Folding the Manifold: Philosophy as the Practice of Perception

I’m heading down to the Esalen Institute next week to give this talk . . .

The philosopher Pierre Hadot famously advocated for an image of philosophy as a way of life. For Hadot, philosophical insight emerges in the context of spiritual exercises he collected under the term askēsis. Examples of askēsis include contemplative prayer, meditation, fasting, examinations of conscience, dialectics, discursive reasoning, physical training, aesthetics, and visionary experience. It was Hadot’s emphasis on spiritual exercise that led him to affirm Henri Bergson’s definition of philosophy as a transformation of perception. But in what does this transformation consist? More specifically, what is the relation between askēsis and perception? Using resources from phenomenology and transcendental philosophy, I will show that askēsis acts upon what phenomenologists call the intentional structure of perception, and that what is shaped through such practice is the manifold of sensibility described in transcendental philosophy. What emerges from this discussion is a view of perception as itself a type of practice, where attention is an act of shaping the arrangement of consciousness. Philosophy, then, is the art of folding the manifold.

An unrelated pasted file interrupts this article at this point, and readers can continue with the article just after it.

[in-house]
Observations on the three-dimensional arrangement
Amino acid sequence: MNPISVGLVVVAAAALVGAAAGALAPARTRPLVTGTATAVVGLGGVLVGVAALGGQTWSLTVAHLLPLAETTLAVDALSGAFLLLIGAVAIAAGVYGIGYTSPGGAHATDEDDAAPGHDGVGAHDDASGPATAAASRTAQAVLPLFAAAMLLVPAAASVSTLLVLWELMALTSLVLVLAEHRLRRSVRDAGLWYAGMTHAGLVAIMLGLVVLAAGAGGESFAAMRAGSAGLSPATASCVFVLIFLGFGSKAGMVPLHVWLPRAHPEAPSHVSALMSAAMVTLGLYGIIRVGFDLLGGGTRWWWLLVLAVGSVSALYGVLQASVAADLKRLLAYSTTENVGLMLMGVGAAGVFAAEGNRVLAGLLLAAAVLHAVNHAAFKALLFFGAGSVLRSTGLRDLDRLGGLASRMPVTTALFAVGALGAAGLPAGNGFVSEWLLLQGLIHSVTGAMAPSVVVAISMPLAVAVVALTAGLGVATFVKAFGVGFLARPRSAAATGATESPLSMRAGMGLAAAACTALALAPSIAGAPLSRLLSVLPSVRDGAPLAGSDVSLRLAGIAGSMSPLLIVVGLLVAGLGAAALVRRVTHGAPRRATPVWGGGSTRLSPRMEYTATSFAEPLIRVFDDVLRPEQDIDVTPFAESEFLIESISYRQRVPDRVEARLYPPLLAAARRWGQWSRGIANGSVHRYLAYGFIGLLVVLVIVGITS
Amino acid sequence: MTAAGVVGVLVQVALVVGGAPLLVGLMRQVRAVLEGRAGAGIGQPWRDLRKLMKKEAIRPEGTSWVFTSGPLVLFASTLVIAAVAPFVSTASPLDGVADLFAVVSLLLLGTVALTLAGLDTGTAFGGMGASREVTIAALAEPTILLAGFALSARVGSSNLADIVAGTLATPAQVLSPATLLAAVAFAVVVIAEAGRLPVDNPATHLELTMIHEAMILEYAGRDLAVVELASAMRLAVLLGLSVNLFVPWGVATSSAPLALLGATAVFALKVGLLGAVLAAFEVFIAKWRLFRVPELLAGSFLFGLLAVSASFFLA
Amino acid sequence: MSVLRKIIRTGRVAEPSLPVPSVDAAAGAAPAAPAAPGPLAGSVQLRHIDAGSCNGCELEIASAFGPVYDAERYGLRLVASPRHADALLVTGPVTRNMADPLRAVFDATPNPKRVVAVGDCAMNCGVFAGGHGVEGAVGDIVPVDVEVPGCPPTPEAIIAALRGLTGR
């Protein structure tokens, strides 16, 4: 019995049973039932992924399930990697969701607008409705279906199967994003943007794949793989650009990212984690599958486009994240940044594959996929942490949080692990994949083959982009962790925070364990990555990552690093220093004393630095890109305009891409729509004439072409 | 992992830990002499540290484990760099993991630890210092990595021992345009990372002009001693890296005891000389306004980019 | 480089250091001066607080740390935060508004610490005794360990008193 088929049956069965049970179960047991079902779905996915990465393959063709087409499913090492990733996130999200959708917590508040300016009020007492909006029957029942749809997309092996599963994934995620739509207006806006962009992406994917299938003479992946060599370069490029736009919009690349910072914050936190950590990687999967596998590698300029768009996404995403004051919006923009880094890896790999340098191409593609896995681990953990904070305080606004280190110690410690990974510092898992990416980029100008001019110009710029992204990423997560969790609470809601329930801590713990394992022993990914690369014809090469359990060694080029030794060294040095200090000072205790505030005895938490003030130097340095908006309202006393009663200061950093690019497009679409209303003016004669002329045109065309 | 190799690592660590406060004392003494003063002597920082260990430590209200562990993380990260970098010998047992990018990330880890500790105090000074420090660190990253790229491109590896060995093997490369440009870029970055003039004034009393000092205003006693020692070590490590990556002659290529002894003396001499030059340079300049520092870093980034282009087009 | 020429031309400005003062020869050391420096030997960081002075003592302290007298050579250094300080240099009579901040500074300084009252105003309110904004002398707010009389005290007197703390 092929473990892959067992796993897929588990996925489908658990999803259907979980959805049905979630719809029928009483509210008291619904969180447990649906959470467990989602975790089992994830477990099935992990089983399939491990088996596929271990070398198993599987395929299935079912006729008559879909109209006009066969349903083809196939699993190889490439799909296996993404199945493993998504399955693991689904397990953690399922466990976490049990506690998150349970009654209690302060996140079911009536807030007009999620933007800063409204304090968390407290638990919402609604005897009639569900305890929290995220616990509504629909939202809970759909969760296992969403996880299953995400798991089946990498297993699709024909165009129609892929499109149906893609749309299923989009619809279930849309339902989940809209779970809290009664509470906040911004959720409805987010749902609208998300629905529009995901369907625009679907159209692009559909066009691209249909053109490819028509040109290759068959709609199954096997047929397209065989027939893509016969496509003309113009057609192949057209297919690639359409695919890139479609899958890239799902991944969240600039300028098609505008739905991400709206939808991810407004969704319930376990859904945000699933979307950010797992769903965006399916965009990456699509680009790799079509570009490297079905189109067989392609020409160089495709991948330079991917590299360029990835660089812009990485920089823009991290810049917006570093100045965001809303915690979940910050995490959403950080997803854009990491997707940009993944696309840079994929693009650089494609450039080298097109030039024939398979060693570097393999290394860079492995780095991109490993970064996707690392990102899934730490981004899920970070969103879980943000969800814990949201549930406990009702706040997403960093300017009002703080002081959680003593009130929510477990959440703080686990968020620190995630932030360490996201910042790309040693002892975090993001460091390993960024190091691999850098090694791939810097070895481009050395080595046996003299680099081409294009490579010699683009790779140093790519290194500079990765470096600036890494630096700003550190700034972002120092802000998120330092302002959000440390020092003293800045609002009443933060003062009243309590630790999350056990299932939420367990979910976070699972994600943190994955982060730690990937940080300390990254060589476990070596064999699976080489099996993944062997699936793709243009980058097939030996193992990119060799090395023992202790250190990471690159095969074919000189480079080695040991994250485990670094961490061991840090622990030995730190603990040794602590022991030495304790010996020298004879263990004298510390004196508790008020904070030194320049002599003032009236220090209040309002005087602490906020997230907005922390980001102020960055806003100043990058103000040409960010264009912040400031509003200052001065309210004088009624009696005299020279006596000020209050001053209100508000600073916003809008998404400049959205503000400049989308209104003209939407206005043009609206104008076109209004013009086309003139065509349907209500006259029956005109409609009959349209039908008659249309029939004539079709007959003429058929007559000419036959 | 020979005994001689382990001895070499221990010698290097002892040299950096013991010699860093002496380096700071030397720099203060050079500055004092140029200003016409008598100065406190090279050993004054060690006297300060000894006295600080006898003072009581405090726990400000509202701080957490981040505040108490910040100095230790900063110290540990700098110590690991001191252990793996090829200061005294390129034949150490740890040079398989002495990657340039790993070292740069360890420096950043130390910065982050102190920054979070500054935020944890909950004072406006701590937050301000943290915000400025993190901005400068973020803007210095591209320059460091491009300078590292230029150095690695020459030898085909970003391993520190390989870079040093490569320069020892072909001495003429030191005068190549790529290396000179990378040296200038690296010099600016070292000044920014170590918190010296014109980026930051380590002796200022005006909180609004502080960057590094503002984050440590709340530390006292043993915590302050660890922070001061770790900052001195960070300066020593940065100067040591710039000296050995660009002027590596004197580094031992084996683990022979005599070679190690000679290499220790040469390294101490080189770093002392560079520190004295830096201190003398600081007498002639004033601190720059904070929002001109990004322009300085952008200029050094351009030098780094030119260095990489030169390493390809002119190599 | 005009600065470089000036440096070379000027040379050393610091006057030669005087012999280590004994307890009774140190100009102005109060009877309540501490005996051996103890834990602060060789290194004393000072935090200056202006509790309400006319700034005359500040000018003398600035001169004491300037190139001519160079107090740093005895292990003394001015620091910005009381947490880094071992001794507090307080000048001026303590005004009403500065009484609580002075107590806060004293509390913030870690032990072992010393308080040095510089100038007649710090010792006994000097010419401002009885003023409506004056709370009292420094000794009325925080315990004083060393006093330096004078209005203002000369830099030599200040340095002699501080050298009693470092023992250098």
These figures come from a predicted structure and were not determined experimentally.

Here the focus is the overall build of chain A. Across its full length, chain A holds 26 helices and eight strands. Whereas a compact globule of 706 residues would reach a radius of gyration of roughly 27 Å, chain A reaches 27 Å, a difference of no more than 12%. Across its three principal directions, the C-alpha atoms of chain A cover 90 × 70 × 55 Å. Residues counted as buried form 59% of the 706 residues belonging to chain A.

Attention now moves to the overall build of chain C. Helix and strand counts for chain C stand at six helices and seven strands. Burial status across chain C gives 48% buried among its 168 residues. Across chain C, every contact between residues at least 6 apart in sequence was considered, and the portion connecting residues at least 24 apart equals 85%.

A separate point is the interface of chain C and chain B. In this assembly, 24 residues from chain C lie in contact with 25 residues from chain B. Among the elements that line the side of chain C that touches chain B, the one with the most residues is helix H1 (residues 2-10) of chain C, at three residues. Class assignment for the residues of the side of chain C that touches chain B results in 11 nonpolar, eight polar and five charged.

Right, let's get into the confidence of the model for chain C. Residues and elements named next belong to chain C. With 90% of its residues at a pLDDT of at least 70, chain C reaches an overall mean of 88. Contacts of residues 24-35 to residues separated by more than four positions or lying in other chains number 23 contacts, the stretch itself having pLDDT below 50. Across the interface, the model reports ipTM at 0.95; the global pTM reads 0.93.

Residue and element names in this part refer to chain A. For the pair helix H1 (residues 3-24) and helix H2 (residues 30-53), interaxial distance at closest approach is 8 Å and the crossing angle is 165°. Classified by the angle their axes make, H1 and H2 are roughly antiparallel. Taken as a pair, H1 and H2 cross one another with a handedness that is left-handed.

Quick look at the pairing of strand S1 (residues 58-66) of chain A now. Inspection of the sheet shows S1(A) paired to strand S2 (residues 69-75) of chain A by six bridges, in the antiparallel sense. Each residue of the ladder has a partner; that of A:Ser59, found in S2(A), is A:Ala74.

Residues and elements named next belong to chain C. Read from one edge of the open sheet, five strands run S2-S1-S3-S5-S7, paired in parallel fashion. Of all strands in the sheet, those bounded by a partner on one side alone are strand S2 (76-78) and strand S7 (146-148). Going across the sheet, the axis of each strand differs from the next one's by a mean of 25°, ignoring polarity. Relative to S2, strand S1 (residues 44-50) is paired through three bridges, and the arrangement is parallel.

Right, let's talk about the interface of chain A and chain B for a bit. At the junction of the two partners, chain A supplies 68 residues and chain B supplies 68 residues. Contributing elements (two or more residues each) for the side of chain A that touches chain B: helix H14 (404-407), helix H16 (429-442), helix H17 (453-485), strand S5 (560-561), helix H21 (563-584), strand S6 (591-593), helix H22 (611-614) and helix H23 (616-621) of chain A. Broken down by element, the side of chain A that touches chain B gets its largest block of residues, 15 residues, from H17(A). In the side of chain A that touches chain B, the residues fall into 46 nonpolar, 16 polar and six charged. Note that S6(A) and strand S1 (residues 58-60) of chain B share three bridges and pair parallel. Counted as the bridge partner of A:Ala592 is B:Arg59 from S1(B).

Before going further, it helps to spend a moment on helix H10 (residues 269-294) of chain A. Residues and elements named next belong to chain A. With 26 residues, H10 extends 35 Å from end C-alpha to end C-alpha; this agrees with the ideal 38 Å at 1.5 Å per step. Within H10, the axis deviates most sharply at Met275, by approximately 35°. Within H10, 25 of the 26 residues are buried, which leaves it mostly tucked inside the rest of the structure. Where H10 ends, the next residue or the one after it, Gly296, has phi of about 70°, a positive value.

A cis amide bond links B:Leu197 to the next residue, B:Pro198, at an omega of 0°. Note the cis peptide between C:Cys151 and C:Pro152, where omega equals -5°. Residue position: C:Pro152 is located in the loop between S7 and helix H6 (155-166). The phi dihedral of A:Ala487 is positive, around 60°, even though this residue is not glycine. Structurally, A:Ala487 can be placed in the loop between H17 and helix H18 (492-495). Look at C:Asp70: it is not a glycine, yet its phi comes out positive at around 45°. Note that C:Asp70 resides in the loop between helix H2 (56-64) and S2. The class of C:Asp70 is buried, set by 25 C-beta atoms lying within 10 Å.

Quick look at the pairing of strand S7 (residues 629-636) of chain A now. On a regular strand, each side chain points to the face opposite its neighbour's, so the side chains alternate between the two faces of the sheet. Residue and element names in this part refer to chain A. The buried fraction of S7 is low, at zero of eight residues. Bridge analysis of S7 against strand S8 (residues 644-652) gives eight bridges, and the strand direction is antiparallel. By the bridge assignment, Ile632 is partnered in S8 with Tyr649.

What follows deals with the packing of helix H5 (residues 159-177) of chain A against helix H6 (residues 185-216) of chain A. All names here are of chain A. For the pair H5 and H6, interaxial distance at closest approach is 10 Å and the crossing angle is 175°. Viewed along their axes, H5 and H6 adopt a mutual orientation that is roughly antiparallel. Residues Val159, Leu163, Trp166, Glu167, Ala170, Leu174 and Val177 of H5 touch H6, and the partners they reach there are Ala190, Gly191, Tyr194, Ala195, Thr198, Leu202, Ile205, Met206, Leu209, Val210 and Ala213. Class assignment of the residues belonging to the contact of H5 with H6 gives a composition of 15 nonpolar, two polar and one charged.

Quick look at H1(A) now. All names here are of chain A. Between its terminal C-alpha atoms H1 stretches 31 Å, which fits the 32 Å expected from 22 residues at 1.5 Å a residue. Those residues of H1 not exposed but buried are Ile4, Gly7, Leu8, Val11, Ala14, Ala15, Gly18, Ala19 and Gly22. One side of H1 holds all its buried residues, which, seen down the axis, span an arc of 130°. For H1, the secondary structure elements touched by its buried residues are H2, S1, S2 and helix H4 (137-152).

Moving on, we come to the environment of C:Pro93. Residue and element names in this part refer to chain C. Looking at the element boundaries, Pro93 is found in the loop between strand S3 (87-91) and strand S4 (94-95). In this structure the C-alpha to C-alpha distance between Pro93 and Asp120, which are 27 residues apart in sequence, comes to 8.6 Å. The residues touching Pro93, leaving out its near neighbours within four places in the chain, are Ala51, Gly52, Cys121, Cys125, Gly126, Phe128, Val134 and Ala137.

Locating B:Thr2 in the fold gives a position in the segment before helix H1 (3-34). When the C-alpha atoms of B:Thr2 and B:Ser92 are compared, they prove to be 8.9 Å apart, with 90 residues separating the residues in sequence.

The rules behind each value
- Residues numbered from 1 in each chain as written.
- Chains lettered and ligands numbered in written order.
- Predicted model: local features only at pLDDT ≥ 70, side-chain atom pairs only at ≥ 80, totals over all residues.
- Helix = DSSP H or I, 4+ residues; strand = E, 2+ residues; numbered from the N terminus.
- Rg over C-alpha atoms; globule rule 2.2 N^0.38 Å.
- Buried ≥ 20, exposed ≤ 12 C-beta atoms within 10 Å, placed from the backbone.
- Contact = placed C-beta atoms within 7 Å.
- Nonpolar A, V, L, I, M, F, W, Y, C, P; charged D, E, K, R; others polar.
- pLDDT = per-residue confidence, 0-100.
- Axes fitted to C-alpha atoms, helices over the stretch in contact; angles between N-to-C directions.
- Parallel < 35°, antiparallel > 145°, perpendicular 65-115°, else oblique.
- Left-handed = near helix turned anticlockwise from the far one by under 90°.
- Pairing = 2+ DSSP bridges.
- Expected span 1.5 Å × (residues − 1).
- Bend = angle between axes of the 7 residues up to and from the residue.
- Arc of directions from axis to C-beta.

Reason and Spiritual Exercises

I’m back to reading John Cooper’s Pursuits of Wisdom to shore up some claims I make in the dissertation, following Pierre Hadot, about the role of practice in philosophy. Cooper’s book is a great secondary resource for ancient philosophy—thorough, readable, organized—but I think he’s just wrong about a claim he makes about philosophy. Namely, that the “essential core” of philosophy is a style of logical, reasoned argument by which one lives life (17).

Conversely, Hadot sees the “core” of philosophy as rooted in an “existential choice” that involves commitment to a set of spiritual exercises that serve as the preconditions (or even the deliverers of) the arguments and reasons Cooper sees as essential to philosophy. Hadot’s view isn’t anti-intellectual, far from it. Reason has an important role to play in his account of philosophy, but philosophy is not limited to reason alone; it also involves askēsis, exercises or practices we could call religious, contemplative, aesthetic, or somatic.